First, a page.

@EricTheRed - “I don’t want to play” was a rhetorical construct meaning “I don’t think that’s a good move”. I was simply mimicing MNb’s construction when he offered the suggestions. I’m not backing off from giving my opinion on an internet forum, on whichever topics catch my interest.
  
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ReneDescartes
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Re: Kramnik’s 5...c5 in the Marshall Gambit
Reply #12 - 03/28/18 at 00:50:41
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Not sure what your other restrictions are or what you're aiming for--maybe a Noteboom? Why not after 1.d4 d5 2.c4 c6 3.Nc3 just go ...Nf6 and play a Semi-Slav, which can often produce the same general ideas as the Noteboom, and only if White plays 3.Nf3 play 3...e6 with a Triangle? You'll get the latter reasonably often this way, for example against Avrukh players.

By the way, the main point of Kramnik's 5...c5 as I understood it was to avoid the White retreat 5...Bb4 Nc3=, which Carlsen used to dull Anand's Triangle in a championship game.
  
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ErictheRed
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Re: Kramnik’s 5...c5 in the Marshall Gambit
Reply #11 - 03/27/18 at 23:15:59
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Well, then it's a good thing that MNb's post wasn't about what you want to play, but a suggestion for another member of the forum. Sheesh.
  
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an ordinary chessplayer
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Re: Kramnik’s 5...c5 in the Marshall Gambit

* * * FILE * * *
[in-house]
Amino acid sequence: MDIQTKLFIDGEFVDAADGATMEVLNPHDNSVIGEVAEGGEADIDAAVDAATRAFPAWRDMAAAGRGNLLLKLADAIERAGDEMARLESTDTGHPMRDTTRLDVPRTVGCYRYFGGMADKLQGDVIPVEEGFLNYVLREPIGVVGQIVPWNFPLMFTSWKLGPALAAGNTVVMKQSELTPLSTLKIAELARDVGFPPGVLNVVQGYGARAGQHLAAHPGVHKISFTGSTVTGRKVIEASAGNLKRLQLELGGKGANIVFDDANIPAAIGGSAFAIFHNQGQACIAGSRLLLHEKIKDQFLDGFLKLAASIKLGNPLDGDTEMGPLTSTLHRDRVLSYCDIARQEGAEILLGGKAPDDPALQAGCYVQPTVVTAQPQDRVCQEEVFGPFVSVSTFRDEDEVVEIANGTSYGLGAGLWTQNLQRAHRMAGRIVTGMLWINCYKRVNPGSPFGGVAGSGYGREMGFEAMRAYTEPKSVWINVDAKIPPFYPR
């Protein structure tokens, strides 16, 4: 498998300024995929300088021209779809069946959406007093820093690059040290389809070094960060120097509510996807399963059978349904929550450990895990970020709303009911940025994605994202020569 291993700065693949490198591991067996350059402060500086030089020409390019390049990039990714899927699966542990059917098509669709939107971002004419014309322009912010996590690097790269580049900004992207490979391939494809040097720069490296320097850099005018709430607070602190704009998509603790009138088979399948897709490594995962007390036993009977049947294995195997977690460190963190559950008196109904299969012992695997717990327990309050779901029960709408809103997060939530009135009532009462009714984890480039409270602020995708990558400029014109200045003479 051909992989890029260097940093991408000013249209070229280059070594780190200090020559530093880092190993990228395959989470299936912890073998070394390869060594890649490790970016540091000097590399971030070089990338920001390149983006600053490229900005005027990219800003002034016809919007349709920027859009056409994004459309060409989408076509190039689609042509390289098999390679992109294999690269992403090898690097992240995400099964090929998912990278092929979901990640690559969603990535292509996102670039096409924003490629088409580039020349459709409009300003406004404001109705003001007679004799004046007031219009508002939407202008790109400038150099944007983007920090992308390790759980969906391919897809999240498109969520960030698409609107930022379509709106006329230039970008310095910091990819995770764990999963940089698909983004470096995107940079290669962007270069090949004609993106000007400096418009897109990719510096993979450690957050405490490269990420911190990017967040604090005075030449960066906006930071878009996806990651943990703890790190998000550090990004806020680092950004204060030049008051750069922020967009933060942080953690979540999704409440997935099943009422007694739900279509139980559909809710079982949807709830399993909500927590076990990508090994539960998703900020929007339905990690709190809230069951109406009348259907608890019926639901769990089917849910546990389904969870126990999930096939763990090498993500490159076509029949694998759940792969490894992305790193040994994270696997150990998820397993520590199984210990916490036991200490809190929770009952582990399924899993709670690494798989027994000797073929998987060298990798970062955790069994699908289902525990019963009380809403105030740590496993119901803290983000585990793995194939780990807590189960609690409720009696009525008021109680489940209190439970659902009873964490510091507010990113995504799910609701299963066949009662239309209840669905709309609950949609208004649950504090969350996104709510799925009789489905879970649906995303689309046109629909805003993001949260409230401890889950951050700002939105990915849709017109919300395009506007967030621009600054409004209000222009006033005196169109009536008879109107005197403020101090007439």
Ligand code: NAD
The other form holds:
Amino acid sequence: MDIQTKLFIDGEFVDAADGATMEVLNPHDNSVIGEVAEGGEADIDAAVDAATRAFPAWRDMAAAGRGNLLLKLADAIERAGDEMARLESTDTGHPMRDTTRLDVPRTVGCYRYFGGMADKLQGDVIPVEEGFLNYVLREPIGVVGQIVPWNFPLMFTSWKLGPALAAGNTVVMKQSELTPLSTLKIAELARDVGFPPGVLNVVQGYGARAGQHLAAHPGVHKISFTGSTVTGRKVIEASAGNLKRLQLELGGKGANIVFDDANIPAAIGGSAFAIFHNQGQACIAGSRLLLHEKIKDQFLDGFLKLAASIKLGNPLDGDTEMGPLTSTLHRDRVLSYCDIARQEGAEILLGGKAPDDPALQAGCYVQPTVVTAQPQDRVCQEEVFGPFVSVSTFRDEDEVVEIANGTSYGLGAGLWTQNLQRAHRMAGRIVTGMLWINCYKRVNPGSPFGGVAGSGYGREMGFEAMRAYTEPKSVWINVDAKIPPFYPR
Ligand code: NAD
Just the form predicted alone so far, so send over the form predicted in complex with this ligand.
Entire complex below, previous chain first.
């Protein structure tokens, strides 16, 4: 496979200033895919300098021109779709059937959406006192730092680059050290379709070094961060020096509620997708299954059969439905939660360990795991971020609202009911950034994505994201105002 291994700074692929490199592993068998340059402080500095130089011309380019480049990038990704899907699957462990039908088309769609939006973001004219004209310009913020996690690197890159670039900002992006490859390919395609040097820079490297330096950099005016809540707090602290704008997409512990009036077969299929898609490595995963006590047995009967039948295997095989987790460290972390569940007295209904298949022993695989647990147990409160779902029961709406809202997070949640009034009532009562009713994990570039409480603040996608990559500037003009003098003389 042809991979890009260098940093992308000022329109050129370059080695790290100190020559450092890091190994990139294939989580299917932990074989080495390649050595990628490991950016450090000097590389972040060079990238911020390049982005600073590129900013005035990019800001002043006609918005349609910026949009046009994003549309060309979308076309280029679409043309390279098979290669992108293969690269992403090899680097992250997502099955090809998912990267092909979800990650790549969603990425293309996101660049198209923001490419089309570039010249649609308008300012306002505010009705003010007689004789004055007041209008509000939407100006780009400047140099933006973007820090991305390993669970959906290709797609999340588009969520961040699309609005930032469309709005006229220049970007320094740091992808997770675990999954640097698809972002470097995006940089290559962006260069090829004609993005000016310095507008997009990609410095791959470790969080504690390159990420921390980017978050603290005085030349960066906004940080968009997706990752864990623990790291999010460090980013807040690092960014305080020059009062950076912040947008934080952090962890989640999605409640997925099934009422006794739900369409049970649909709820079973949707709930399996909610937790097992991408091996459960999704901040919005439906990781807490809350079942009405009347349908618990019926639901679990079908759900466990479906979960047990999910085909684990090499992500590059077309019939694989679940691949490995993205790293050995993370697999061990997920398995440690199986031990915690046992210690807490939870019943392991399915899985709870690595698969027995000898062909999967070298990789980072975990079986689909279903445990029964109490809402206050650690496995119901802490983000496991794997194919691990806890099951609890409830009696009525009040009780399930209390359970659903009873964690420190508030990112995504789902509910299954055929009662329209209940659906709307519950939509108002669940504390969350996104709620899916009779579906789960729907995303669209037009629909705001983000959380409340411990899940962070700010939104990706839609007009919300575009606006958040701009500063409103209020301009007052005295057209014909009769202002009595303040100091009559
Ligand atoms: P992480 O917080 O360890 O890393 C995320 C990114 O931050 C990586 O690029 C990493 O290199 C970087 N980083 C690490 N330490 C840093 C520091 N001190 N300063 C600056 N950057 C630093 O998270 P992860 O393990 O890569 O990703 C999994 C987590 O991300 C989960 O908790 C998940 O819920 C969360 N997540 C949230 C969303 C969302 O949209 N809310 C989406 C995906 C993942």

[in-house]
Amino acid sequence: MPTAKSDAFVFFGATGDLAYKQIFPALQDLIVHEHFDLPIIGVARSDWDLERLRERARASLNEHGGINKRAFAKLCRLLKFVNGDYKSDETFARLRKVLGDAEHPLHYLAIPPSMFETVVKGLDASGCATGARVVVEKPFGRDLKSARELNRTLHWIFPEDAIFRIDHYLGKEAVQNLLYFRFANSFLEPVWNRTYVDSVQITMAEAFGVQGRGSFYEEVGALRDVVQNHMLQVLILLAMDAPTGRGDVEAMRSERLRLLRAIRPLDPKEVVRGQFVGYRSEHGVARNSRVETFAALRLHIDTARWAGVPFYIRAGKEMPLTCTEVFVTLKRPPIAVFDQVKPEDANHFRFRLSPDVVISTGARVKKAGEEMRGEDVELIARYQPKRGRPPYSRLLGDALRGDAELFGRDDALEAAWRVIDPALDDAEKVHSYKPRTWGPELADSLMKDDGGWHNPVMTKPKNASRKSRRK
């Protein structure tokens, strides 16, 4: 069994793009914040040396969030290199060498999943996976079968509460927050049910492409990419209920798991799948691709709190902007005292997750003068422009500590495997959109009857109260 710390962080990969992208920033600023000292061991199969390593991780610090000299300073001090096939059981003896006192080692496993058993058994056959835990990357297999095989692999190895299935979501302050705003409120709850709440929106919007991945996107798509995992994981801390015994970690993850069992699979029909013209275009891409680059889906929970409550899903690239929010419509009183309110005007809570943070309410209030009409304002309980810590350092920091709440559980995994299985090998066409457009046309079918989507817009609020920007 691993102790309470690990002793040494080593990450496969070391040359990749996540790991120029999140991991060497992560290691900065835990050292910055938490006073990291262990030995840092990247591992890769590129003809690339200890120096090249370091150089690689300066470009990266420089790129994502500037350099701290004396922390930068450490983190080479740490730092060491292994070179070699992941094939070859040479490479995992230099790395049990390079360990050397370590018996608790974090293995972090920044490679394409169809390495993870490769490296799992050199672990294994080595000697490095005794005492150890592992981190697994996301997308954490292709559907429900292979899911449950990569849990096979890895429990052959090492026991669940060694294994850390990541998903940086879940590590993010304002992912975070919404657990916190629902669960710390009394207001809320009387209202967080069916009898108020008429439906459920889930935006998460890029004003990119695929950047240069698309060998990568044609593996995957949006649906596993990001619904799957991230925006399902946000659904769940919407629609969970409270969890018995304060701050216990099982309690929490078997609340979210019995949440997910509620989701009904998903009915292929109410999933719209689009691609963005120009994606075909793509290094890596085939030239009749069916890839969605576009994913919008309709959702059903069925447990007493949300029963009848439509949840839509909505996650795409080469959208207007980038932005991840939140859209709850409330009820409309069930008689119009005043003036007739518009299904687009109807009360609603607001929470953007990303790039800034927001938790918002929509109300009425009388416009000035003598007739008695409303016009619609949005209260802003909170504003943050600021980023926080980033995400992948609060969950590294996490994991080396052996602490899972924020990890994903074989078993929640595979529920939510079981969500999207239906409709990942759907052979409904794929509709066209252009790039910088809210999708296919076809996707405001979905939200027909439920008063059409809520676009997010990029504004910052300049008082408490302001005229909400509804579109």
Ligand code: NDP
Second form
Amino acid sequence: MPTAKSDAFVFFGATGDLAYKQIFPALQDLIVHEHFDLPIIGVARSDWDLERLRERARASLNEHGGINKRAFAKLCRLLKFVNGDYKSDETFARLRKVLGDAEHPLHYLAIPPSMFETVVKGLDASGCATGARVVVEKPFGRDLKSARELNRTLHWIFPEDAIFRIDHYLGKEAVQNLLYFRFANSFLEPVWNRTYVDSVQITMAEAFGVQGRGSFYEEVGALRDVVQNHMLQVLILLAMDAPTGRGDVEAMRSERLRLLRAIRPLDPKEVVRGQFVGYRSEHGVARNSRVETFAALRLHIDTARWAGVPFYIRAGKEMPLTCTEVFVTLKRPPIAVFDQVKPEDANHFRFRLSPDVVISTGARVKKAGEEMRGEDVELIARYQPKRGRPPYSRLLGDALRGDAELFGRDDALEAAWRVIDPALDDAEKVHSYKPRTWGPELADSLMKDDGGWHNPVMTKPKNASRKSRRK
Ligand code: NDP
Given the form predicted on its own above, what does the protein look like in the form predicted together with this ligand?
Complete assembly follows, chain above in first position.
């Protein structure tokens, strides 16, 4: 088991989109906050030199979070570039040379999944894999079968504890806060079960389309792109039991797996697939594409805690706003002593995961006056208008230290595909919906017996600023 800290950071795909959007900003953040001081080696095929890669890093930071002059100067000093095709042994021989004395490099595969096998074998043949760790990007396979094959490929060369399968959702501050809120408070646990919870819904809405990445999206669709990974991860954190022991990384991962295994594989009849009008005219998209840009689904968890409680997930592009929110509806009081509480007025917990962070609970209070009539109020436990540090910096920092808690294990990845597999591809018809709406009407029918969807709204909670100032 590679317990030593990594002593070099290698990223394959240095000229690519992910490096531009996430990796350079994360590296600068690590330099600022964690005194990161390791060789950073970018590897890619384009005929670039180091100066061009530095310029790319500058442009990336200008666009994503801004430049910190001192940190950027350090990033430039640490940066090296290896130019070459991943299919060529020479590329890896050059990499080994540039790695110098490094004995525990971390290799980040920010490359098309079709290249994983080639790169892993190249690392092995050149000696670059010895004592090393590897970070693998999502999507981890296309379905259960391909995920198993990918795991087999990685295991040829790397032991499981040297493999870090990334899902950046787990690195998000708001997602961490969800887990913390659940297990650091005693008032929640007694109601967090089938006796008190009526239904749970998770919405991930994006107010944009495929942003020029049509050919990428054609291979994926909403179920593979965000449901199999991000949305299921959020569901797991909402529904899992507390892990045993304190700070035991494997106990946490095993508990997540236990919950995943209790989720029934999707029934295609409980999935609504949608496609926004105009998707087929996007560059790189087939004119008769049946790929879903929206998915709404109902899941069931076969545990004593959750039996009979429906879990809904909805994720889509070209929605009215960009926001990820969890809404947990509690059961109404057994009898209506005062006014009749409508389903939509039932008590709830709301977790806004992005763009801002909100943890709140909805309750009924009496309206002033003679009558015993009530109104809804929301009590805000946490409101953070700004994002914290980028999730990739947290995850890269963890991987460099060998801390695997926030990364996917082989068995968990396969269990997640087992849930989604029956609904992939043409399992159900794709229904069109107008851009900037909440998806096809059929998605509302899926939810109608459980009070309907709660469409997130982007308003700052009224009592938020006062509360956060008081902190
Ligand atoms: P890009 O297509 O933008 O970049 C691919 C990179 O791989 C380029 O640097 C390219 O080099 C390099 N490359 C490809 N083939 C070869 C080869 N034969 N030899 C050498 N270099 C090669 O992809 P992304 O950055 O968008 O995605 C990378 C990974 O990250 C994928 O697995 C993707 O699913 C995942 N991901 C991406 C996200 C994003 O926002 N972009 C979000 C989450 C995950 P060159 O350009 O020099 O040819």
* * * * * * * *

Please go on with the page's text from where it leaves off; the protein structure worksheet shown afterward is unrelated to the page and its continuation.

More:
Reply #10 - 03/27/18 at 21:15:35
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I agree I was not being nice. I wasn't even trying to be nice. It wasn't a consideration. As for the chess....

It's the reaching Semi-Slav lines that I don't see happening, certainly not with the early ...d5xc4 that was advocated. Yes, there is 1.d4 d5 2.c4 c6 3.Nf3 e6, but that's just changing the subject. If black played 1.d4 d5 2.c4 c6 3.Nf3 dxc4 it would transpose to one of the actually suggested move orders.

In RE the other point(s) attempted:
  • I am happy with the Exchange Slav, but do not want to play the 3.Nc3 dxc4 position. I play 3...Nf6 and once or twice have chanced 3...e6.
  • I play the QGA, but do not want to play the 3.Nf3 c6 position. Here 3...Nf6, 3...a6, 3...e6 are all on the menu, and I might be persuaded about 3...c5. Nor do I want to play the (again) 3.Nc3 c6 position. In this case my choice would be 3...a6 or 3...e5.

A case can be made that these lines I don't want to play are in fact playable. But they are not for me, and I bet they are not for the would-be Semi-Slav player either.
  
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ErictheRed
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Re: Kramnik’s 5...c5 in the Marshall Gambit
Reply #9 - 03/27/18 at 15:06:53
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Wow, let's try to be nice. Both of MNb's suggestions are perfectly valid ways of trying to reach a Noteboom and some other Slav or Semi-Slav lines while avoiding a Marshall Gambit.
  
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MNb
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Re: Kramnik’s 5...c5 in the Marshall Gambit
Reply #8 - 03/27/18 at 06:16:52
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an ordinary chessplayer wrote on 03/26/18 at 21:04:31:
Both of your statements are non-sequiturs, and furthermore none of your suggested move orders is likely to transpose to a Semi-Slav position.

1. They can't be non-sequiturs by definition, because they aren't arguments.
2. You neglect the popularity of the sequence 1.d4 d5 2.c4 c6 3.Nf3 when e6 is the Triangle, with the Marshall Gambit impossible. Must I conclude t that you're incapable of finding this triviality yourself?
  

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Re: Kramnik’s 5...c5 in the Marshall Gambit
Reply #7 - 03/27/18 at 01:39:32